Almost 100 Tasmanians would lose their lives to COVID-19 if the state opened its borders to the country at an 80-per-cent vaccination rate.
This statistic is based on state-specific modelling, revealed on Wednesday, applied to the Doherty Institute report on border reopenings.
Premier Peter Gutwein said there would be 14,900 COVID cases in the state in the first six months should Tasmania open to states, including NSW and Victoria, at 80 per cent with baseline restrictions.
He said there would be 590 hospital admissions, 97 intensive care admissions, and almost 100 deaths.
"As we move to reopen our borders, the Delta [strain] will arrive," Mr Gutwein said.
"When Delta arrives, that will mean that some people will get sick, some people will get very sick, and unfortunately some people will die."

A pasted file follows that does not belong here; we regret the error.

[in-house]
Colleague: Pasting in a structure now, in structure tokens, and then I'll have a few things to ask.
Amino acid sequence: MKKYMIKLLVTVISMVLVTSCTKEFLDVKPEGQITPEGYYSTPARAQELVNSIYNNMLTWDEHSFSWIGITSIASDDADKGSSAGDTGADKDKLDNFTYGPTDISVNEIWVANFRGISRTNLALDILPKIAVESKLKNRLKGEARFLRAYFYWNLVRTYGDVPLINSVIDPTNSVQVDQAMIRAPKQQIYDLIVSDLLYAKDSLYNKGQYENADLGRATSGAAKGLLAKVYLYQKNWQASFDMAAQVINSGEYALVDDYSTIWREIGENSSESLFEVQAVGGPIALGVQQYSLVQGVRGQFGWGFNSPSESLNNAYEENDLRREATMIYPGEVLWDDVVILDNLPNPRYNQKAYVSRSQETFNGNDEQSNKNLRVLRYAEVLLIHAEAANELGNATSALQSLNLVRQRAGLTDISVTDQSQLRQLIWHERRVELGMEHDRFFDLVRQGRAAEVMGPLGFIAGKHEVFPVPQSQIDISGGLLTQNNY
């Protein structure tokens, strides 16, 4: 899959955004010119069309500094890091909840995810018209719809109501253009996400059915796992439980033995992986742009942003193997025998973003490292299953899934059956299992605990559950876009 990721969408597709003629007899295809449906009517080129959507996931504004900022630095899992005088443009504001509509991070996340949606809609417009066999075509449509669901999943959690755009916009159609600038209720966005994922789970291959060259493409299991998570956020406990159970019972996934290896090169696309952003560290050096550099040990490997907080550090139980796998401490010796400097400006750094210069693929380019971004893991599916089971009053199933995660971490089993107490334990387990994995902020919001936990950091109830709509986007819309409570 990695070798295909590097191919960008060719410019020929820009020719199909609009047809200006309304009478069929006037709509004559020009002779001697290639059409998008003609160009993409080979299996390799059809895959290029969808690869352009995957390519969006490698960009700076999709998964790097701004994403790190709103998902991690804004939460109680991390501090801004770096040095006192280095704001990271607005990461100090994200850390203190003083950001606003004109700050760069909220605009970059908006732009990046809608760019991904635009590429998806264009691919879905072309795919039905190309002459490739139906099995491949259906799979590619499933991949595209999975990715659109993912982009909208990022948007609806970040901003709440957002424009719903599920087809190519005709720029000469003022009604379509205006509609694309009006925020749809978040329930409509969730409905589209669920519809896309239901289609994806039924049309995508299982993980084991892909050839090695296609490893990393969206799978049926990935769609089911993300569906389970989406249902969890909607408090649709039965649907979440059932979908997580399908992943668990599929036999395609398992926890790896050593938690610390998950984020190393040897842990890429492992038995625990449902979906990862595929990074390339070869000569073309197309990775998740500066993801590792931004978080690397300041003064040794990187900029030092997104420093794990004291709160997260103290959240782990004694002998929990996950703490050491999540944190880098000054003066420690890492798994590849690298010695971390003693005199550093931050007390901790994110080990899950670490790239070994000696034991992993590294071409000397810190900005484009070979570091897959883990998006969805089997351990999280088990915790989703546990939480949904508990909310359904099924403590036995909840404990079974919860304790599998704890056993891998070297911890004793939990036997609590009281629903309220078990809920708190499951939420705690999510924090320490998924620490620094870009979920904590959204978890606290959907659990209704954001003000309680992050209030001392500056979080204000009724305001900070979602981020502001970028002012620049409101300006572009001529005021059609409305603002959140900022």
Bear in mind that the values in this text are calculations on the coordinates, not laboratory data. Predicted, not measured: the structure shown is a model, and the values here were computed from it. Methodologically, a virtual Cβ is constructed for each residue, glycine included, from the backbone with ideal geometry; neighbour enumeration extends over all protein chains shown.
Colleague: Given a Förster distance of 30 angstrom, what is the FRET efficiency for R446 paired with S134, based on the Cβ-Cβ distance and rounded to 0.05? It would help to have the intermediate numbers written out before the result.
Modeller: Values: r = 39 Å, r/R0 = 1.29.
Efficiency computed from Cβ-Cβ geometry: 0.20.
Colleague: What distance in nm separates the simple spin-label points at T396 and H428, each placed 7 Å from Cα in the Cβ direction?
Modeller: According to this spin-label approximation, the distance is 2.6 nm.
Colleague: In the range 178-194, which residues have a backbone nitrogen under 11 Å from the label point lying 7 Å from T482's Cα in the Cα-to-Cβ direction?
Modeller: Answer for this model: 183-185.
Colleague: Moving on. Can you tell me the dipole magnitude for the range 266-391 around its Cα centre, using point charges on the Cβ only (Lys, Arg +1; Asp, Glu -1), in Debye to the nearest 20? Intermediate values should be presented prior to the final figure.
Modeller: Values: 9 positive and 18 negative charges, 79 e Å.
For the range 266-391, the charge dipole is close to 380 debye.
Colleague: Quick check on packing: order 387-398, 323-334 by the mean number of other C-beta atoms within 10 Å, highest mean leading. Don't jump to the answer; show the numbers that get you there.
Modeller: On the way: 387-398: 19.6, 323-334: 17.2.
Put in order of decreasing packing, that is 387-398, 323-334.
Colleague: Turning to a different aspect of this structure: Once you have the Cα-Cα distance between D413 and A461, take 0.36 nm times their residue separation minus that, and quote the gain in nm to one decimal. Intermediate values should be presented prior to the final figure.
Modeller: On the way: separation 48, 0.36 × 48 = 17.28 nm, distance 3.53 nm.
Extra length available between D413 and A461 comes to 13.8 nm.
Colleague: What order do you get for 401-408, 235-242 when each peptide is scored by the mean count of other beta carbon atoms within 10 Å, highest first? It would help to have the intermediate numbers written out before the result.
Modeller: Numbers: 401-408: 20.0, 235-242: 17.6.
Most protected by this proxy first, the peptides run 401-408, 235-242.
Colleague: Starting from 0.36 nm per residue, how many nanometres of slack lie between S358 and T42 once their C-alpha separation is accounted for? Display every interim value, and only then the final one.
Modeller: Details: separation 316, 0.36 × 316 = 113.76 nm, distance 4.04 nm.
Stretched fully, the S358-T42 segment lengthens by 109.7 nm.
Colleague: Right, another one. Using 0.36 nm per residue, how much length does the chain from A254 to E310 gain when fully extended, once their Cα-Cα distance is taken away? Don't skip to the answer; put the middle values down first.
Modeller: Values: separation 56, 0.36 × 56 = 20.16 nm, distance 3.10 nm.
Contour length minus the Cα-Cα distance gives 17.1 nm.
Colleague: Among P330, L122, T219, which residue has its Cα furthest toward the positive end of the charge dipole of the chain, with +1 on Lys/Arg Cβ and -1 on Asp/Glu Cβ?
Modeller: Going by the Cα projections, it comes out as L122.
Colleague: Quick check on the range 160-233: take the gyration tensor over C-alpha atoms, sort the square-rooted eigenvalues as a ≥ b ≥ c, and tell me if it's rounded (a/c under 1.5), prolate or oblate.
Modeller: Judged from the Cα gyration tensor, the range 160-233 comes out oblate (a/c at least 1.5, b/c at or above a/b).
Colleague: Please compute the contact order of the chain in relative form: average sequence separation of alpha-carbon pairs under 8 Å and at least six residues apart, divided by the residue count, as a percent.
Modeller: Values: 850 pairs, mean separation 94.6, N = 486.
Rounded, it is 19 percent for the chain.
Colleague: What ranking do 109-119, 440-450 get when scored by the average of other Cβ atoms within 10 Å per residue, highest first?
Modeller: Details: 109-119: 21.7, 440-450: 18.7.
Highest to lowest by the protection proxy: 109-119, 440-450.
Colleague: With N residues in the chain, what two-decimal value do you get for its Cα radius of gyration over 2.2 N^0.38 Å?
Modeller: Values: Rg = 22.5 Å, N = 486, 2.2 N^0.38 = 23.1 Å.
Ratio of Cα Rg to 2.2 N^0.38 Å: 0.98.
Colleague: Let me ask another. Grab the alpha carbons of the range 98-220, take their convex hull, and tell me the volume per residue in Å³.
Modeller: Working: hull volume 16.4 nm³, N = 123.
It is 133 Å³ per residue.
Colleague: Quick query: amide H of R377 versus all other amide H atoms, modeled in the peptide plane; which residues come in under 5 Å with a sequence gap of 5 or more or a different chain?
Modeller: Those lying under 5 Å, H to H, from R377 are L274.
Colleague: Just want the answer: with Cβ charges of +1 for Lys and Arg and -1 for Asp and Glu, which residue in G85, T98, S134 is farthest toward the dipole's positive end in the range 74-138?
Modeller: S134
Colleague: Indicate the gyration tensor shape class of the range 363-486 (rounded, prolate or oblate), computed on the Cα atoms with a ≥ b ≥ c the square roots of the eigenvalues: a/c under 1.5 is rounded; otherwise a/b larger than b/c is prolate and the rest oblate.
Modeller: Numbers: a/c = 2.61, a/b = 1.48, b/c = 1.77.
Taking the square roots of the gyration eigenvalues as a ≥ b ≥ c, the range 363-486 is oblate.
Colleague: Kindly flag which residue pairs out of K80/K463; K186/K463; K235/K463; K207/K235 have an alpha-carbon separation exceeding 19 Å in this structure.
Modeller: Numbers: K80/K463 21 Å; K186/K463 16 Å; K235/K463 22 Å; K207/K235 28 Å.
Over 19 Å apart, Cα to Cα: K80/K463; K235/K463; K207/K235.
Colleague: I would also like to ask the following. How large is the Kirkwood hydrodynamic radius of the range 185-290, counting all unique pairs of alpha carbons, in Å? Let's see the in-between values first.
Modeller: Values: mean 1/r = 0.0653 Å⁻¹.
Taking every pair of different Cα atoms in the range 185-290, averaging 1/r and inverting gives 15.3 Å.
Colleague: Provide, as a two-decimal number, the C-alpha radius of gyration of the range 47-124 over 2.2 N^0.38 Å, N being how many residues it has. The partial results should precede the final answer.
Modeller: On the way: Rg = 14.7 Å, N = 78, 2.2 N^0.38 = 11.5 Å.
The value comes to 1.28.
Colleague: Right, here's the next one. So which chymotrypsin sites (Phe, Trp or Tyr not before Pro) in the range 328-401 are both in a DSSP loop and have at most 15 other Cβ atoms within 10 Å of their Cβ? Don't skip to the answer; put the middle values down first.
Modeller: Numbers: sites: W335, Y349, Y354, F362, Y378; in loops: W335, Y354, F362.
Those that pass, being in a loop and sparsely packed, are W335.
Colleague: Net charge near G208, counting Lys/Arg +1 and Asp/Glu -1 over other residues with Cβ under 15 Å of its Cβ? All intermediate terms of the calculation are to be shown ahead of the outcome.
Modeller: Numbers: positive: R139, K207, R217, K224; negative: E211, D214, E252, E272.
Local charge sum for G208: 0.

Health Department secretary Kathrine Morgan-Wicks said the state was still on track to reach a 90-per-cent vaccination rate by December 1.
She said more than 331,000 Tasmanians had been administered their first dose of the COVID vaccine and more than 251,000 had been fully vaccinated.
Ms Morgan-Wicks said more than 25,000 people aged over 50 years old had not yet received a first dose of the vaccine.
She said those in the 12 to 15 year age group were lagging behind the vaccination rate of that cohort in other states.
Mr Gutwein said borders were planned to be reopened by Christmas, however, that depended on circumstances around COVID-19 in other jurisdictions.